tive who will cheerfully furnish estimates.
In a city up the Hudson the Mayor's annual message states
that the total amount of building during the preceding twelve
months consisted of two houses, two barns, flve additions and
one alteration. This, in a city of twenty-flve thousand, showH
how the building industry is paralyzed in some places. In ex¬
plaining tbe matter, tbe Mayor says the cost of construction Is
nearly forty per cent, greater than a few years ago.
The strike of the bricklayers did not interfere with tbe progress
cf work at the subway power house at 59tb st and lltb av. It
was said at tbe plant this week tbat between four and five hun¬
dred bands are engaged in all branches. At the west end the
brick work is advancing rapidly, and all of tbe ironwork has
been completed. Tbe building is roofed over except at this point.
Boiler makers are installing boilers, and flreproofers are erecting
Electric Fireproof Wood Saves Another
With the conflagration in Baltimore, the flre In the Iroquois
Theatre, Chicago, in addition to many other smaller disasters of
recent date, it may be said in more senses than one tbat the
whole question of flreprooflng our buildings is "under fire." We
have had in the past a great deal of theory about tbe value of
fireproof materials. There are literally hundreds of them on the
market, if we include in the catalogue the many varieties and
devices of the same substance. A great many of them, have
3'et to go through the ordeal of a real test and prove their sub¬
stantial value beyond tbe catalogue and the sbop talk of their
manufacturers. Others have been tested and have utterly failed,
and still others have been tested inadequately and must be left
standing for the time on the doubtful or waiting Ilst. A very
few have not only stood tbe test, but have proved conclusively
their right to be considered reliably fireproof; but in general
there are so many question marks all along the line tbat every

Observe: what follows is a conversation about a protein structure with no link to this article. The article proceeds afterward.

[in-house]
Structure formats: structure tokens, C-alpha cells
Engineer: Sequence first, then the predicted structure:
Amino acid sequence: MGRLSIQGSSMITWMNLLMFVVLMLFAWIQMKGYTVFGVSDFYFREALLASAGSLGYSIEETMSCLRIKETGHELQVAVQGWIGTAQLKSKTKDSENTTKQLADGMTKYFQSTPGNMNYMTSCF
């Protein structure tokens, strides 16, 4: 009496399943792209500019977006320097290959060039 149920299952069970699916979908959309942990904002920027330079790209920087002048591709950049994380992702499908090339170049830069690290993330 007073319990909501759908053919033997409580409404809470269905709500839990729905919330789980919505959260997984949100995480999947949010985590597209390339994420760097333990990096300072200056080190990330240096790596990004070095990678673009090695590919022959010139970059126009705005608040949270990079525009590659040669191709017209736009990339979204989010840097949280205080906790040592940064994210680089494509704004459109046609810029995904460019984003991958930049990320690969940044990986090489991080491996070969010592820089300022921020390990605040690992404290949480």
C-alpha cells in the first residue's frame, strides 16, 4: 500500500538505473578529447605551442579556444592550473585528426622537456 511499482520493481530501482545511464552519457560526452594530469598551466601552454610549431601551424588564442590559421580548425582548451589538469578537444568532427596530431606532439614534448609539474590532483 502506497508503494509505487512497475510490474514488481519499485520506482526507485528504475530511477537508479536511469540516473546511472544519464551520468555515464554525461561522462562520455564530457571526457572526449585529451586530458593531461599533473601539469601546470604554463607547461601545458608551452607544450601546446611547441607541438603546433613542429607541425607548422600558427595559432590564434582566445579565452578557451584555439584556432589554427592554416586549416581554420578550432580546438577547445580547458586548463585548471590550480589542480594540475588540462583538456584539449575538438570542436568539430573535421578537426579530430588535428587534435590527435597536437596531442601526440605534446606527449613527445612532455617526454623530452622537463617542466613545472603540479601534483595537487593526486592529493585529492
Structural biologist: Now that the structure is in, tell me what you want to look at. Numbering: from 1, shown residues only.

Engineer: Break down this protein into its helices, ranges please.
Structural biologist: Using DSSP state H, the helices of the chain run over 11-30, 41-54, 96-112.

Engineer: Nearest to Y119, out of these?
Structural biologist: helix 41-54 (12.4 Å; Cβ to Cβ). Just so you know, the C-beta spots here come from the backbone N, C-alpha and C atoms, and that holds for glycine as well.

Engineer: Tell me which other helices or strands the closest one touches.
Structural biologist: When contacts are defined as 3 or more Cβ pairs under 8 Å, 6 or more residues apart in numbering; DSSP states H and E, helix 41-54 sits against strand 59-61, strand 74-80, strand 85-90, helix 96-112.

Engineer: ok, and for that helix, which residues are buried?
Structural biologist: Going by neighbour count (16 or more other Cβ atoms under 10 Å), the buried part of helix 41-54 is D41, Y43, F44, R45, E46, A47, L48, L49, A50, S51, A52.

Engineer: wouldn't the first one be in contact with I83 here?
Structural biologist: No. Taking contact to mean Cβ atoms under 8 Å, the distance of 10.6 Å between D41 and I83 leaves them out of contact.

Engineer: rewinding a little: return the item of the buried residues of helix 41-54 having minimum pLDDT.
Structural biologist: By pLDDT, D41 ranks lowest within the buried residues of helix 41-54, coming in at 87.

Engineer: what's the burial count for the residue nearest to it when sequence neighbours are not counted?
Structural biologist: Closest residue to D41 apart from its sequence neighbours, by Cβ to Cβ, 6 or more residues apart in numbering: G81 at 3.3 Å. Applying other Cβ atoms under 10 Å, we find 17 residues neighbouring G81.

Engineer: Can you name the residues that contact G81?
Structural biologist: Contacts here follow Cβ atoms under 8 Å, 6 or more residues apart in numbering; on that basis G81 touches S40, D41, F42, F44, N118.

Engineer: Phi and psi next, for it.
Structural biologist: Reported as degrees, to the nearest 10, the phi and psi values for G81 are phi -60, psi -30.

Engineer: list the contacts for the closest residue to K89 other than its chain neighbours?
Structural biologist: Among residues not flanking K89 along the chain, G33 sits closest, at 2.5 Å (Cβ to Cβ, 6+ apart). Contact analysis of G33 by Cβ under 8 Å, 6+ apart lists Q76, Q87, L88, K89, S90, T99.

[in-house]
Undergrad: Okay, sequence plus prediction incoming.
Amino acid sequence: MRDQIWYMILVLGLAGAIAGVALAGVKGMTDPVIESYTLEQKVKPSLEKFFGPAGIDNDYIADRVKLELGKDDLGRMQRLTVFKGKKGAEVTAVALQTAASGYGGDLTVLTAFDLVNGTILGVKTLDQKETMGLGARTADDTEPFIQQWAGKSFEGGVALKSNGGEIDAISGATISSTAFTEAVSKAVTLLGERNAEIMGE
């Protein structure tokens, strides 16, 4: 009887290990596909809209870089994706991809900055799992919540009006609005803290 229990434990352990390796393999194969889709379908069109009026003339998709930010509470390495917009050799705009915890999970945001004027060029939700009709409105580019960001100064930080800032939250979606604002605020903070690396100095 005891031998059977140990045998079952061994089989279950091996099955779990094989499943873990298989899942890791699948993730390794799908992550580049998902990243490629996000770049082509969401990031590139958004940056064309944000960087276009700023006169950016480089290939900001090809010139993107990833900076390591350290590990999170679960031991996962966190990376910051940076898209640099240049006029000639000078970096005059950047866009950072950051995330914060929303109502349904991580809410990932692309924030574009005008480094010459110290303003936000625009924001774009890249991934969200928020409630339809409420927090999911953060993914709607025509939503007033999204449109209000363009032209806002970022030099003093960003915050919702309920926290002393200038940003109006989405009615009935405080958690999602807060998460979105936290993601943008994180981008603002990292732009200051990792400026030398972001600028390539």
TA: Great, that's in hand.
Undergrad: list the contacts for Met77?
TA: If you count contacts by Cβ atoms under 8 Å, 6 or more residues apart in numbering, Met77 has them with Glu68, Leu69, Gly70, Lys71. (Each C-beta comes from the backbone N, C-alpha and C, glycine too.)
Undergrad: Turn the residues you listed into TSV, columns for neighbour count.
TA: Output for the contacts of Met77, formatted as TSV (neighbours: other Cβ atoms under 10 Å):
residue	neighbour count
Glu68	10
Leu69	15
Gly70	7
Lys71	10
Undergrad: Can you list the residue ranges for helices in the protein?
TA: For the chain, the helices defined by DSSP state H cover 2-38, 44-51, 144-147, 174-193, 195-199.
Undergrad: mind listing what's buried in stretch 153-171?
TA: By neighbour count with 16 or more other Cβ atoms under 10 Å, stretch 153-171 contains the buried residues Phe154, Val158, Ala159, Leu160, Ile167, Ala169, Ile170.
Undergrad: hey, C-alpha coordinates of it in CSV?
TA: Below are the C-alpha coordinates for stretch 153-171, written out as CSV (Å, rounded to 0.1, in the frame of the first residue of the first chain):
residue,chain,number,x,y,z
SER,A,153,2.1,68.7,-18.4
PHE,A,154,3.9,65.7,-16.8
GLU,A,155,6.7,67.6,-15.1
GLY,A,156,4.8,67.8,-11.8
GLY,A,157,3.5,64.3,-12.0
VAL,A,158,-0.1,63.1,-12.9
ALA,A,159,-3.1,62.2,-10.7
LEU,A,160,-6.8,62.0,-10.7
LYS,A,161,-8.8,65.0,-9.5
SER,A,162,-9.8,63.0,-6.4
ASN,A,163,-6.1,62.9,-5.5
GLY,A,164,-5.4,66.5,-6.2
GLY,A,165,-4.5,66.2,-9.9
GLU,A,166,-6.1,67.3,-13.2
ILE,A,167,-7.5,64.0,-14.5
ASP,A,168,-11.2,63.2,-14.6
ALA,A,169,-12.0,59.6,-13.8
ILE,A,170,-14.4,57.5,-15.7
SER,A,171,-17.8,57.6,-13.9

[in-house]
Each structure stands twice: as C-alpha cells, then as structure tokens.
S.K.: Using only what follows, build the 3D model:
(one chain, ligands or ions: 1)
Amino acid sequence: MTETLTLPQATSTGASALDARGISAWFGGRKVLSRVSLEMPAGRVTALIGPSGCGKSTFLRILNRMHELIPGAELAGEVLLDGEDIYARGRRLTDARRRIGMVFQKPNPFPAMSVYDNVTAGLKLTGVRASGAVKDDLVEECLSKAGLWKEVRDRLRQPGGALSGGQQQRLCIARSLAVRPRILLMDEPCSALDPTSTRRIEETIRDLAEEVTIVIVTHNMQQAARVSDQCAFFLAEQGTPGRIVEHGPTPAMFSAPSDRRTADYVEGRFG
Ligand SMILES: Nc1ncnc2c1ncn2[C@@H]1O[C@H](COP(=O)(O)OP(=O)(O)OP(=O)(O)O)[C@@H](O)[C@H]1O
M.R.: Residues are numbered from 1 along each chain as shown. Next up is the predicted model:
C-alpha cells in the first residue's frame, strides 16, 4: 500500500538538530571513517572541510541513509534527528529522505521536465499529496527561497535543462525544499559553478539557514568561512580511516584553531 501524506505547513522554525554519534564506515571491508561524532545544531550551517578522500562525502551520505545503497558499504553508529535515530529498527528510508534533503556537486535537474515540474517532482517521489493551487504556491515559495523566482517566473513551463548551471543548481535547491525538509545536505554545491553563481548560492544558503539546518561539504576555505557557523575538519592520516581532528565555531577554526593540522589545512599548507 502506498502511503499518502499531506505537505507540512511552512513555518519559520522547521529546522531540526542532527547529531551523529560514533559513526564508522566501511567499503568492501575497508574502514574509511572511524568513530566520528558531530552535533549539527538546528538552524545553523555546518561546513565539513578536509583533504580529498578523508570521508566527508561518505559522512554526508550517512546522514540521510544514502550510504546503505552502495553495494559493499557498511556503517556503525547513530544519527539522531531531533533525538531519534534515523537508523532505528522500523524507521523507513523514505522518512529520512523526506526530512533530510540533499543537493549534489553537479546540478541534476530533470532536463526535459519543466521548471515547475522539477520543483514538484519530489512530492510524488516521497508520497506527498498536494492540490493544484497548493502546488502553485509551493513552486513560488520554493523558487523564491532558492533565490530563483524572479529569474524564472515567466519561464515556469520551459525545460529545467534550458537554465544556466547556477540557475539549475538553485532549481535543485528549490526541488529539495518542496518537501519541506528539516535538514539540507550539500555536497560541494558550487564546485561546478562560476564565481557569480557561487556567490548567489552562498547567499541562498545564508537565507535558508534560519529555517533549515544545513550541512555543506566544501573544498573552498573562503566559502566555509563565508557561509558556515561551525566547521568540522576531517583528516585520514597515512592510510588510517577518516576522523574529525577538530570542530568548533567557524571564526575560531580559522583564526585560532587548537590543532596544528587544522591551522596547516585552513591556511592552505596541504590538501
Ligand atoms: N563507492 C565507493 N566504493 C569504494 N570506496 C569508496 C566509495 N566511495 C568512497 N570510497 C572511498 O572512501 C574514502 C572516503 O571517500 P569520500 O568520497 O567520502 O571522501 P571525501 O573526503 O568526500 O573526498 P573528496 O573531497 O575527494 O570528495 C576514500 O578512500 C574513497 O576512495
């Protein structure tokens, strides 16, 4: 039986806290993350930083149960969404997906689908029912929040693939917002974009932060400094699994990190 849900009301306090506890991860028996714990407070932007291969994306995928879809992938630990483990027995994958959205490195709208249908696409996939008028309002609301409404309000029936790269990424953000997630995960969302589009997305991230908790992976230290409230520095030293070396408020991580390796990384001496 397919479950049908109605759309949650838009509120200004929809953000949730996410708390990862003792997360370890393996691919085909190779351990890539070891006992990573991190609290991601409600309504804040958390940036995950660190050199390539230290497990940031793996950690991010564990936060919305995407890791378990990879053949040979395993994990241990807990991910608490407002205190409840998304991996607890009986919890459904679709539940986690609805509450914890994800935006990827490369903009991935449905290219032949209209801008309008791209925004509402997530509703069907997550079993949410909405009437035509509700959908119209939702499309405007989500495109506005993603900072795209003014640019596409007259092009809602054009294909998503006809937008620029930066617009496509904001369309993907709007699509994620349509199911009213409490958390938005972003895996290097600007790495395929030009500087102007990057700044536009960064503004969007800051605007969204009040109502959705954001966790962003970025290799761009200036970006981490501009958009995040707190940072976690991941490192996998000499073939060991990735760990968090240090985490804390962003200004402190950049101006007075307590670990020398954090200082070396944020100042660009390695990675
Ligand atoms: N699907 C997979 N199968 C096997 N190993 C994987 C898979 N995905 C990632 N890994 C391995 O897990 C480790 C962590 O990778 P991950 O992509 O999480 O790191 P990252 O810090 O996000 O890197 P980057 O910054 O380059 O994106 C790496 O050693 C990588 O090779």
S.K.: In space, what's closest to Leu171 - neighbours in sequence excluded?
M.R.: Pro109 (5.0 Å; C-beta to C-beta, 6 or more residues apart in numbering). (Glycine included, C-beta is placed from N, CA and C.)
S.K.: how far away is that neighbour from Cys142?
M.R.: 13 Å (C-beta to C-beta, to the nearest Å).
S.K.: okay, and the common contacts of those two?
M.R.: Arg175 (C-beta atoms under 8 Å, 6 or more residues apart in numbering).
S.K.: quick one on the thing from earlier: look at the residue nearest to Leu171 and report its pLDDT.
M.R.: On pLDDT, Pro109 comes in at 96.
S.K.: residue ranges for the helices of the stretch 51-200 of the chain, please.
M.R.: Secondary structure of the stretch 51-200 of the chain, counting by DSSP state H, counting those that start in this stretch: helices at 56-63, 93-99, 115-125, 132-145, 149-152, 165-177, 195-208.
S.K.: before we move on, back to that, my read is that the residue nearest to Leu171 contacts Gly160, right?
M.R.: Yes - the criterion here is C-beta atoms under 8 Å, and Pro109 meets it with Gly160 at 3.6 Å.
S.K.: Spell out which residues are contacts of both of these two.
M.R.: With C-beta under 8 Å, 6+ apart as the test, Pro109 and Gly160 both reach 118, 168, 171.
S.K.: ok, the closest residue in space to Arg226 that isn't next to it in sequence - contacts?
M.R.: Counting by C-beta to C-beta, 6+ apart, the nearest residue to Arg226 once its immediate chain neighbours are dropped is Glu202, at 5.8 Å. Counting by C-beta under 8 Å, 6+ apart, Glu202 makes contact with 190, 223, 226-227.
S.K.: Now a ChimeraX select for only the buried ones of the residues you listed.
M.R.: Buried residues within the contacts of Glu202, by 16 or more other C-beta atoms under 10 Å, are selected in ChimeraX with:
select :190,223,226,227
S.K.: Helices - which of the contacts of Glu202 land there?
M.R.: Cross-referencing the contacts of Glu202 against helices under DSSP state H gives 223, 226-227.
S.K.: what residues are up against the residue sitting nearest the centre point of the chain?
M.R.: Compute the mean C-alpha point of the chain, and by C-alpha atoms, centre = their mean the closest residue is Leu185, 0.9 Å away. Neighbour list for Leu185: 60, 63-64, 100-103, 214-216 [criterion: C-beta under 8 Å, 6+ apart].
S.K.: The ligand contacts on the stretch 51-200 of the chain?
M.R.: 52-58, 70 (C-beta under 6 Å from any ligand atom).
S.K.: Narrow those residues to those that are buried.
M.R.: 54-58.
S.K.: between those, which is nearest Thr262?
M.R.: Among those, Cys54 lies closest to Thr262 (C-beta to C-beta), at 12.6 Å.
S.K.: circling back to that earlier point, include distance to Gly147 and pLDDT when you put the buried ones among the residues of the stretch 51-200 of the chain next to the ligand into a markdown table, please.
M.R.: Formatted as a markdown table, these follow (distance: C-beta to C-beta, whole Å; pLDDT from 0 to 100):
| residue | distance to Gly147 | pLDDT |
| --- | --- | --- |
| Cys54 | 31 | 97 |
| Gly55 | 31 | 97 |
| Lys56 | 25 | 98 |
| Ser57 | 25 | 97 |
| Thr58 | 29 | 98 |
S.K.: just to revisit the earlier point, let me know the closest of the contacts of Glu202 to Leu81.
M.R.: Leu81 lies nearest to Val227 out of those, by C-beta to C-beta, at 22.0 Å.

bit of real evidence tbat can be accumulated in regard to fire¬
proof materials is of real value to the community, to our archi¬
tects and to our builders.
Tt is in tbe line of this consideration that the recent fire in the
Fiatiron building, at Twenty-third street, Broadway and Fifth
avenue, should not be lost sight of. It is true the fire was in its
results an insignificant affair, but tbat is just what ought to be
the case in a "fireproof" building. In fact, there is a certain un¬
fortunate aspect to all flres that break out in really fireproof
structures—they do not make much public smoke and thereby get
into tbe newspapers. All that we read Is—"The flre was ex¬
tinguished by the employees of the building," or "The fire was
confined to the room in which it originated"; and the negative
quality of all this news, wbicb yet contains so much that is
positively to the credit of fireproof construction, receives hardly
any attention at all—certainly, not one-tenth as much as is given
to some flimsy flre-trap that is consumed like a box of matches.
In other words, tbe fireproof building never speaks for itself!
Like many other efficient things in life, it works without talking!
Tt works all the time and is ready for and deals with the emer¬
gency effectively whenever it occurs.
Now, that was precisely the case the other day with the flre¬
prooflng in ■ tbe Fiatiron building. That structure, everybody
knows, is one of tbe flnest in the city. The owners have a
large investment in it and hundreds of tenants occupy it. Even
a very moderate fire in it would occasion a great flnancial loss
A flre did break out, as it happens, in an office on the twentieth
floor—just in one of those places which many flre chiefs have
said are so dangerous, because in a way so inaccessible to the
apparatus of tbe Fire Department, The fire was a particularly
hot affair, A deal of the stuff tbat was in the room was of a
flammable nature, and, of course, it promptly became an in¬
cendiary to join in tbe work of destruction. The heat of the
conflagration, indeed, was at one time so great that it melted the
glass on tbe chandelier, Tt even attacked in some places the
cement walls. The furniture and contents of tbe room were, of
course, destroyed, and, under ordinary circumstances, undoubt¬
edly the flames would have communicated from one ofiice to an¬
other by means of tbe trim, doors and other wooden parts of the
partitions and walls, had it not been for the fact tbat the trim
doors and other similar standing parts were constructed of flre'
proof wood supplied by the Blectric Fireprooflng Company if
this wood had been in the slightest degree flammable it would
have taken flre. As a matter of fact, it suffered merely a super¬
flcial charring, so that most of it is intact and to-day can be ren¬
dered as good as new by a little polishing plus the necessary
varnish. Clearly this is a result that is stronger than any
theory, better than any amount of talk, and of tremendously
greater value to the public, to architects and builders than even
the most carefully conducted laboratory tests. It siraply proves
the case for wood treated by the Electric Fireproofing process
More than that, it establishes the care with which the Electric
Fireproofing Company of this city manipulates its process for